Heaven and Then Some

The poster to possess in 1977 was Farrah Fawcett’s; the iconic picture attributed to Bruce McBroom and first published in Life magazine.  If “iconic photo” is an entry in any dictionary, it would be lacking without that particular pose to illustrate it.

To have been a Caucasian, female American in ’77 is to have coveted her hair, not to mention her ability to stop traffic. She was a star worthy of the artistic attention of Andy Warhol and Hugh Hefner alike.

I don’t mind admitting that I burned up a few curling irons, and my share of hair products trying to make my thin, straight hair look the part. Unfortunately, my hair is not full, thick, or fabulously long.  It was apparent that no amount of time, primping or makeup could ever make me look like Farrah.  Plus, she was 30 years old at the time, and I was still a teen.   At least I have the comfort of knowing I was not alone.

This was also the year when Elvis Presley died. Few pre-internet deaths were as widely covered. On the August day he died, suddenly, Elvis news was everywhere; newspapers, magazines, television and radio all covered his death in the days, weeks and months following his death.

While Elvis was world-famous, and I was a fan of his music, I was not “fanatical” about him.  Sure, it was sad to learn that he had joined the veritable string of artists who died untimely drug or alcohol-related deaths.

But what really stands out in my mind?

It had only been a day or so since news broke that Elvis had died. I was browsing through the local mall’s record store with my girlfriend, she flipping through one side of the display and I on the opposing one.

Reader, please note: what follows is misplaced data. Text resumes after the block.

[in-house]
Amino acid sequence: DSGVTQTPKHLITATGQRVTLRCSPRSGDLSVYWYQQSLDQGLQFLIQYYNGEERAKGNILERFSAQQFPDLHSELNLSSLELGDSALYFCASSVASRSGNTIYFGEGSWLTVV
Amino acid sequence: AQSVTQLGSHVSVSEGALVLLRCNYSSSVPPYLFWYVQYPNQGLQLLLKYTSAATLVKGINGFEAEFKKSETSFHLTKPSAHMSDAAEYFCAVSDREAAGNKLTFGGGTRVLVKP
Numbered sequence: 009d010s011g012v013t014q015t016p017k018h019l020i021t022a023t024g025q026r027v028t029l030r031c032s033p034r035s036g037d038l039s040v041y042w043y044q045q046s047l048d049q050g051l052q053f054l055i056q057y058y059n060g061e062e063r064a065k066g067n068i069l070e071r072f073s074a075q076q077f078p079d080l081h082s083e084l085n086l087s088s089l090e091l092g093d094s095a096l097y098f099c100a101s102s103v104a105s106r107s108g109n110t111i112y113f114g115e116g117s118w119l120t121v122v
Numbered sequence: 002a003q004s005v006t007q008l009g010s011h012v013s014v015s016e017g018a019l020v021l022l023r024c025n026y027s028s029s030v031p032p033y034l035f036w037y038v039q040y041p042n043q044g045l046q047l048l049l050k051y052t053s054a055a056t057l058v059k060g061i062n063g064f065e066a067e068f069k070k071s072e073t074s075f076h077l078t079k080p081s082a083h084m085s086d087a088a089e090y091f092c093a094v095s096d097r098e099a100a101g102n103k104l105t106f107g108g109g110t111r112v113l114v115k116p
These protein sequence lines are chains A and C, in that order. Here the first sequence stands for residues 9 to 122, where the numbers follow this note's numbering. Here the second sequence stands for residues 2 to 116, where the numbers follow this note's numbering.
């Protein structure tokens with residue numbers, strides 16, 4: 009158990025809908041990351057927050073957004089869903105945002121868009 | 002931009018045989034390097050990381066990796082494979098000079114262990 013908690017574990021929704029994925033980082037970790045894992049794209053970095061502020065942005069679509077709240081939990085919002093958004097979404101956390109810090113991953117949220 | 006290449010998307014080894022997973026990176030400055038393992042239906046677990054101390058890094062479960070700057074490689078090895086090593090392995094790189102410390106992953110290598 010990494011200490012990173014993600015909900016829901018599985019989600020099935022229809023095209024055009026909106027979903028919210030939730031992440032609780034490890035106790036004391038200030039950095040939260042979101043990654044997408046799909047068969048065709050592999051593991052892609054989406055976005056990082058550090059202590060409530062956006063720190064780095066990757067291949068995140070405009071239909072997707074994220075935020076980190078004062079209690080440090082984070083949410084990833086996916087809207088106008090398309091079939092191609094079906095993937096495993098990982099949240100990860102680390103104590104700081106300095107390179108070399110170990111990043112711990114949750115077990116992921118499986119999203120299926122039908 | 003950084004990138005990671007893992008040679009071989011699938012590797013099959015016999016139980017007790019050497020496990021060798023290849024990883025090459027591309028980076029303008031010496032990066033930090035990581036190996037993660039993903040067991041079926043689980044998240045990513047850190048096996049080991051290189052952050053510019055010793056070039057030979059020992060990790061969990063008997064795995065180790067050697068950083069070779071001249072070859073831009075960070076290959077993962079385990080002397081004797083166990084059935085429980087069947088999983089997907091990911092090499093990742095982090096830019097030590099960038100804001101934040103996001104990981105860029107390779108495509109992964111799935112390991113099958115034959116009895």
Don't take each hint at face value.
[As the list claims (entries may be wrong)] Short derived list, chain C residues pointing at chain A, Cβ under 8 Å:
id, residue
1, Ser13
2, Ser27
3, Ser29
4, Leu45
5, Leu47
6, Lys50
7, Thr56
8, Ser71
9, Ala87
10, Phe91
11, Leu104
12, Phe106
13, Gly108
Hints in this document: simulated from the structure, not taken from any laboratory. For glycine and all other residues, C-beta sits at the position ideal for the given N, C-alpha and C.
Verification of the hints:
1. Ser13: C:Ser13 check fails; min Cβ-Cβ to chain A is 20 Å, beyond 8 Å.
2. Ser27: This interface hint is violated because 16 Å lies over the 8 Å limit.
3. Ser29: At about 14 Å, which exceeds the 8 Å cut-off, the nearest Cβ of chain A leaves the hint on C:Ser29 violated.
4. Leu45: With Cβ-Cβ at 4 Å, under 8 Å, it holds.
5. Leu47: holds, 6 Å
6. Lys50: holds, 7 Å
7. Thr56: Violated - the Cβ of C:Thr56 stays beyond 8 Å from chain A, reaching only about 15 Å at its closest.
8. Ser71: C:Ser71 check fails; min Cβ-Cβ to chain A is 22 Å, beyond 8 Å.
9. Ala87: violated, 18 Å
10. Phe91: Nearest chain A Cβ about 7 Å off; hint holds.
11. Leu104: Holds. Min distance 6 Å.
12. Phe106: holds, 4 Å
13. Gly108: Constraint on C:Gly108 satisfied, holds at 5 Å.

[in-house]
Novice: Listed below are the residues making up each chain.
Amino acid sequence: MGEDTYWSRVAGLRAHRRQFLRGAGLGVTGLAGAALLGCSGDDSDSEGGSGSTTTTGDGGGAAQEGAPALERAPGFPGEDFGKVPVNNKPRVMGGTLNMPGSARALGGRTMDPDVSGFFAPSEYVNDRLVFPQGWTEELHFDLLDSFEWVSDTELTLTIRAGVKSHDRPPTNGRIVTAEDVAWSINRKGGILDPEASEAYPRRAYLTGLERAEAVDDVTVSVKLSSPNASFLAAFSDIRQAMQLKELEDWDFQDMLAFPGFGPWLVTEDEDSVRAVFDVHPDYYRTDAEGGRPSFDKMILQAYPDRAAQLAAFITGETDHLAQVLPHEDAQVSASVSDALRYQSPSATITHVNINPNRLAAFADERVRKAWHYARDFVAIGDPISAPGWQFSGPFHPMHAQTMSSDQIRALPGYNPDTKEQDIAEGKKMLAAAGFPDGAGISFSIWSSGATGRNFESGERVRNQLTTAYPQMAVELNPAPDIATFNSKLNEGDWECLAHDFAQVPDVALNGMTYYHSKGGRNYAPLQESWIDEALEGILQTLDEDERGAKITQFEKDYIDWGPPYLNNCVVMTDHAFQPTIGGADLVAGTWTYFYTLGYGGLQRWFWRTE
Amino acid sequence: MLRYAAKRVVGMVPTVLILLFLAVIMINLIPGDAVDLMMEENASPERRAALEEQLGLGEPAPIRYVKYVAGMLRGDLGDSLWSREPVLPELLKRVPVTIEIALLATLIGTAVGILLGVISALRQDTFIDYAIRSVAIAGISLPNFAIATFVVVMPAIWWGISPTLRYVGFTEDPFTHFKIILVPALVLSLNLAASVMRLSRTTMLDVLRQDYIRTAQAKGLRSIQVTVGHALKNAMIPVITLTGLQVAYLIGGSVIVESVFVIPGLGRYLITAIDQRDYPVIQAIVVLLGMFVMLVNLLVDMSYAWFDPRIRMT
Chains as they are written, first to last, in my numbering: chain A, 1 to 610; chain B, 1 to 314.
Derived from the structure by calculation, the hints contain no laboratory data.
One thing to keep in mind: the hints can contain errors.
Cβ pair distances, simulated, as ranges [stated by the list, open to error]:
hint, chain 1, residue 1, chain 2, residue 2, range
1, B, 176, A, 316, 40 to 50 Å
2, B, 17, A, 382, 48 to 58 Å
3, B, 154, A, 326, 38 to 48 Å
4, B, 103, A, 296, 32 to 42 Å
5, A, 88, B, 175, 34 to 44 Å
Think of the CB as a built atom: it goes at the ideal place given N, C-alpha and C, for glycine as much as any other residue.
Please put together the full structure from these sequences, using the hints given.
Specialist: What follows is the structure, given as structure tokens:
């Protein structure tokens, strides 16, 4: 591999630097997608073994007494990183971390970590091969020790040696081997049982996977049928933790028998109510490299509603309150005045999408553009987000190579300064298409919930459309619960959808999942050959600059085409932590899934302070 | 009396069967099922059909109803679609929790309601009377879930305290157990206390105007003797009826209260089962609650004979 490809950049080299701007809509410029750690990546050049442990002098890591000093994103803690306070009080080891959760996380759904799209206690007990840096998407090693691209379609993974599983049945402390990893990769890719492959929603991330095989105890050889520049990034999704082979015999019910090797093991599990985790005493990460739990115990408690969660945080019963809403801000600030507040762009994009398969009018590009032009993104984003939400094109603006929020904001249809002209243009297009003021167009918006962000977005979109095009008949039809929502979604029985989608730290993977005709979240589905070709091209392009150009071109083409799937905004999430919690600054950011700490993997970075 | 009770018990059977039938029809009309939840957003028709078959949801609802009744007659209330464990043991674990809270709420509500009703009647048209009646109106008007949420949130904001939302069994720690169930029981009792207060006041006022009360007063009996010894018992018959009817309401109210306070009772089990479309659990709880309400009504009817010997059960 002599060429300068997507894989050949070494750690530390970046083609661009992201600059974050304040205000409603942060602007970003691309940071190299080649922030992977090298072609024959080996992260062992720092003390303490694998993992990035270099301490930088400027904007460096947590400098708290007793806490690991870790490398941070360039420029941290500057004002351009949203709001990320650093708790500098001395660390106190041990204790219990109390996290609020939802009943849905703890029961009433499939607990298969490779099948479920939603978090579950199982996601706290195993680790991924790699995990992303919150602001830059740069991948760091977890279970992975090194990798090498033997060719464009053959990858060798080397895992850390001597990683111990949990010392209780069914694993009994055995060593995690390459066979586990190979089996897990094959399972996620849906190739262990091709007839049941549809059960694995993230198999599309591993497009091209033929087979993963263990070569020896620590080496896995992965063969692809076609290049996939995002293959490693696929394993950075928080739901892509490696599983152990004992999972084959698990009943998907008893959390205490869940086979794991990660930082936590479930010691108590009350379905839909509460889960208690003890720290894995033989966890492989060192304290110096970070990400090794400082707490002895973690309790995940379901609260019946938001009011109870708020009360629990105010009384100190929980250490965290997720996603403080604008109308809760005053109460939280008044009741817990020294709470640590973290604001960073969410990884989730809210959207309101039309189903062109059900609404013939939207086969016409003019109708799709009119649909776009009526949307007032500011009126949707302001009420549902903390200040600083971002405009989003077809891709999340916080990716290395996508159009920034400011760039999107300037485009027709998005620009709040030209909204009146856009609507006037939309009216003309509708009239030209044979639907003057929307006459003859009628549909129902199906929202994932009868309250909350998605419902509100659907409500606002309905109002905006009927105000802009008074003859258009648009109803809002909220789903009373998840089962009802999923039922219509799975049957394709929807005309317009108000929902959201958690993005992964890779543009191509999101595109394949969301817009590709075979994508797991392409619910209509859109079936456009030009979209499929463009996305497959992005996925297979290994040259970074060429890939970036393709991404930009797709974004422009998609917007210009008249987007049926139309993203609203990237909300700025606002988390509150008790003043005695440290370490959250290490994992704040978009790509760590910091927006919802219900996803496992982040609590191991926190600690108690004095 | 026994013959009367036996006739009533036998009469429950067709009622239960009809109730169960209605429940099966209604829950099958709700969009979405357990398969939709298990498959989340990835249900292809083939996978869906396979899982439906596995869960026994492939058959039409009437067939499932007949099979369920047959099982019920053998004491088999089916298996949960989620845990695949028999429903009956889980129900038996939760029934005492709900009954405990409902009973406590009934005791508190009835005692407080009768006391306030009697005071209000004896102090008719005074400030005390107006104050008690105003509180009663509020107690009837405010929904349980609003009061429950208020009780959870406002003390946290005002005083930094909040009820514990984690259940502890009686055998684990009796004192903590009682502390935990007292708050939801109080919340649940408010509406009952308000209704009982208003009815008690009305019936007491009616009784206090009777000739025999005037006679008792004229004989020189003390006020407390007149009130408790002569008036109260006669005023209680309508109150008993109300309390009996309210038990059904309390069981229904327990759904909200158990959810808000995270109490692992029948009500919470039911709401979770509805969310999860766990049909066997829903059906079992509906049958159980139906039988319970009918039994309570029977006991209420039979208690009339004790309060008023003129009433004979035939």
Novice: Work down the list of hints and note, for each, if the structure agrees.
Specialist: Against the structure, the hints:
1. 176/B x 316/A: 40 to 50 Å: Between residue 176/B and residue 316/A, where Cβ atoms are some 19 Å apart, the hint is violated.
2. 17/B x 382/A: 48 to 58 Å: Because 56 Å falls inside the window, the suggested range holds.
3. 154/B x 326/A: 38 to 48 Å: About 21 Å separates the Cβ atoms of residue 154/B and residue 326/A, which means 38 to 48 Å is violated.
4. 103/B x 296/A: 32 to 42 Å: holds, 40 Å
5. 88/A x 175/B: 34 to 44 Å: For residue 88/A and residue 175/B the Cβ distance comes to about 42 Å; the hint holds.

My girlfriend was a drama queen—literally. (I say “was,” not because the memory is from 1977, but because I heard that she passed away several years ago.)  Anyway, she loved to act and it was not beyond her to jump into character occasionally and act out a scene.   She lived by Shakespeare’s line, “all the world’s a stage, and all the men and women merely players.” She never needed a stage, just a venue. That record store became one that day.

There were three other shoppers, and at least, as I recall, one employee behind the counter at the time. I could usually tell when my friend was about to break out and put on a show.  She’d get a certain indescribable look about her.

She plucked an Elvis album from the rack in front of her.   As soon as I saw that move, I knew she was up to something.  She was a die-hard punk rock fan, so Patti Smith’s  Horses would normally have been a more likely selection for her.

She clutched the album to her chest, let out a sudden grievous wail, screaming, “Not the king!”   This she accompanied with instant streams of tears, much sobbing and the concerned looks of the other customers.

I could not help myself. I burst into an uncontrolled fit of laughter, which confused the scene all the more. The store employee came to comfort her. The other shoppers skittered out, casting looks of disapproval my way, no doubt disquieted. To them, I’m sure I looked heartless, and I honestly don’t think they knew we were together.

I remained in the store until the employee had convinced my girlfriend to release the album from her clutches. After she “composed herself,” she and I left much to the obvious relief of the record store employee.   It seems now an odd way to remember the death of Elvis Presley.  I wonder whether the store clerk remembers it too.

Then what happened?

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